The data minimization specialist Incogni is officially extending its services to Canada. The company’s platform already offers support for consumers in Switzerland, the European Union, the US, and the UK.
In terms of utility, Incogni’s solution is designed to make it easier for people to get their personal information removed from platforms that collect and sell consumer data for marketing and other purposes. According to Incogni, at least 115 of those data brokers are currently operating in Canada, and it can be extremely time-consuming to go to each broker to ask to be deleted from their platforms, especially if each one has a different opt out procedure.
It’s also impossible to opt out if consumers are not even aware that a firm is collecting their information, and the likelihood of overlooking one increases with the number brokers. Ingocni’s solution allows people to unsubscribe from all of those platforms at the same time, and in doing so makes it much easier for consumers to protect their privacy.
As it relates to privacy law, Incogni noted that data brokers that operate in Canada need to give consumers the ability to opt out to comply with the country’s Personal Information Protection and Electronic Documents Act (PIPEDA). That law also forces brokers to delete that data if someone exercises their right to be forgotten. Individual consumers can similarly stop companies from selling their information, and can ask to view any information that the company may have on file.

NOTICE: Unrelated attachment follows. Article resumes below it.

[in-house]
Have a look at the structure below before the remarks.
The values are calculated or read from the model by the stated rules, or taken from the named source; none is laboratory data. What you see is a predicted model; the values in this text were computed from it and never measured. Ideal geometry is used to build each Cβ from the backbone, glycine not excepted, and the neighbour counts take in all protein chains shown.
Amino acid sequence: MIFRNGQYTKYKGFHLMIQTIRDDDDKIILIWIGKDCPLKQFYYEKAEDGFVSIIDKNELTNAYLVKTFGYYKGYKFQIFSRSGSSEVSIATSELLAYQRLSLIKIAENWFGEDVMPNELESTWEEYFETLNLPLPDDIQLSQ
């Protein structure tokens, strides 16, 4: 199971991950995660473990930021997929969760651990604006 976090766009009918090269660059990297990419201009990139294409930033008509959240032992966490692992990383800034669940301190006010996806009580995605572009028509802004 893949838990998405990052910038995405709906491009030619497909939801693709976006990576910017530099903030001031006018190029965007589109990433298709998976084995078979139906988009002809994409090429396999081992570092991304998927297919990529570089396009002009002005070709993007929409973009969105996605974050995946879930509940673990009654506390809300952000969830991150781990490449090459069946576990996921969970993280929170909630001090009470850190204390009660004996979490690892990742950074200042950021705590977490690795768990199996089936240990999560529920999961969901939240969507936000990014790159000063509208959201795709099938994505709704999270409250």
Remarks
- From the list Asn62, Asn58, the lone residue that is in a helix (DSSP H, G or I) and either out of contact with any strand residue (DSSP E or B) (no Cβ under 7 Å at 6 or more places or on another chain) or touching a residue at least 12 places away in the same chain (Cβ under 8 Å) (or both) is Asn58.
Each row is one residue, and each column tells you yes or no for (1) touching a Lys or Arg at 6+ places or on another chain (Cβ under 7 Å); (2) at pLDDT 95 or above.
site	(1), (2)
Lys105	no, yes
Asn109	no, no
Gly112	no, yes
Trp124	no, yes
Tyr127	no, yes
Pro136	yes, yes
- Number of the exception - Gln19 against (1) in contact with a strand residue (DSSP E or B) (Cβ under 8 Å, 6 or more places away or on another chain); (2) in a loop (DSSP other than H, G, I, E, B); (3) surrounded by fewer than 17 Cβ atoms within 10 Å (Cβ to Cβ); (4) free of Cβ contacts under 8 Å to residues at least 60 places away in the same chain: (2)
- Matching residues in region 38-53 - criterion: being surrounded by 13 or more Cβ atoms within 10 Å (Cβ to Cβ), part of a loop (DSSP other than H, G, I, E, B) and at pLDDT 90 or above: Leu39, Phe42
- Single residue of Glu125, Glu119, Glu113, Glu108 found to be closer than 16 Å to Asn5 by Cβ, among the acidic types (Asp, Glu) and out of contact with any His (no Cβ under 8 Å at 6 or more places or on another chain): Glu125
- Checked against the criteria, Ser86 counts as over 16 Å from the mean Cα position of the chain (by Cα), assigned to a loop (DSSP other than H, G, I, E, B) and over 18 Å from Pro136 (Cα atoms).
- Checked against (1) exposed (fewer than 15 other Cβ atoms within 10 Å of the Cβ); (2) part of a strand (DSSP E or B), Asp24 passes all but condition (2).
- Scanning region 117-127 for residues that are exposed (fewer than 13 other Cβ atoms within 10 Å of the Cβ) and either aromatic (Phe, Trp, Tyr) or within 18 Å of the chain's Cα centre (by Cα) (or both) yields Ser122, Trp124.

“Data privacy is becoming an increasingly alarming issue, yet many people are still unaware of the hidden market that data brokers operate in,” said Incogni Head Darius Belejevas. “The actual process of taking back data has been shown to be extremely tedious. It requires legal knowledge and lots of persistence.”
Incogni’s system offers coverage for data collected in both online and offline settings, all of which is used to put together highly detailed (and potentially compromising) personal profiles that includes everything from home addresses to political affiliations. The majority of Canadians believe that they are knowledgeable about their privacy rights, and are more likely to trust a company that adheres to PIPEDA regulations. However, even knowledgeable consumers may have trouble keeping tabs on brokers that operate under the radar.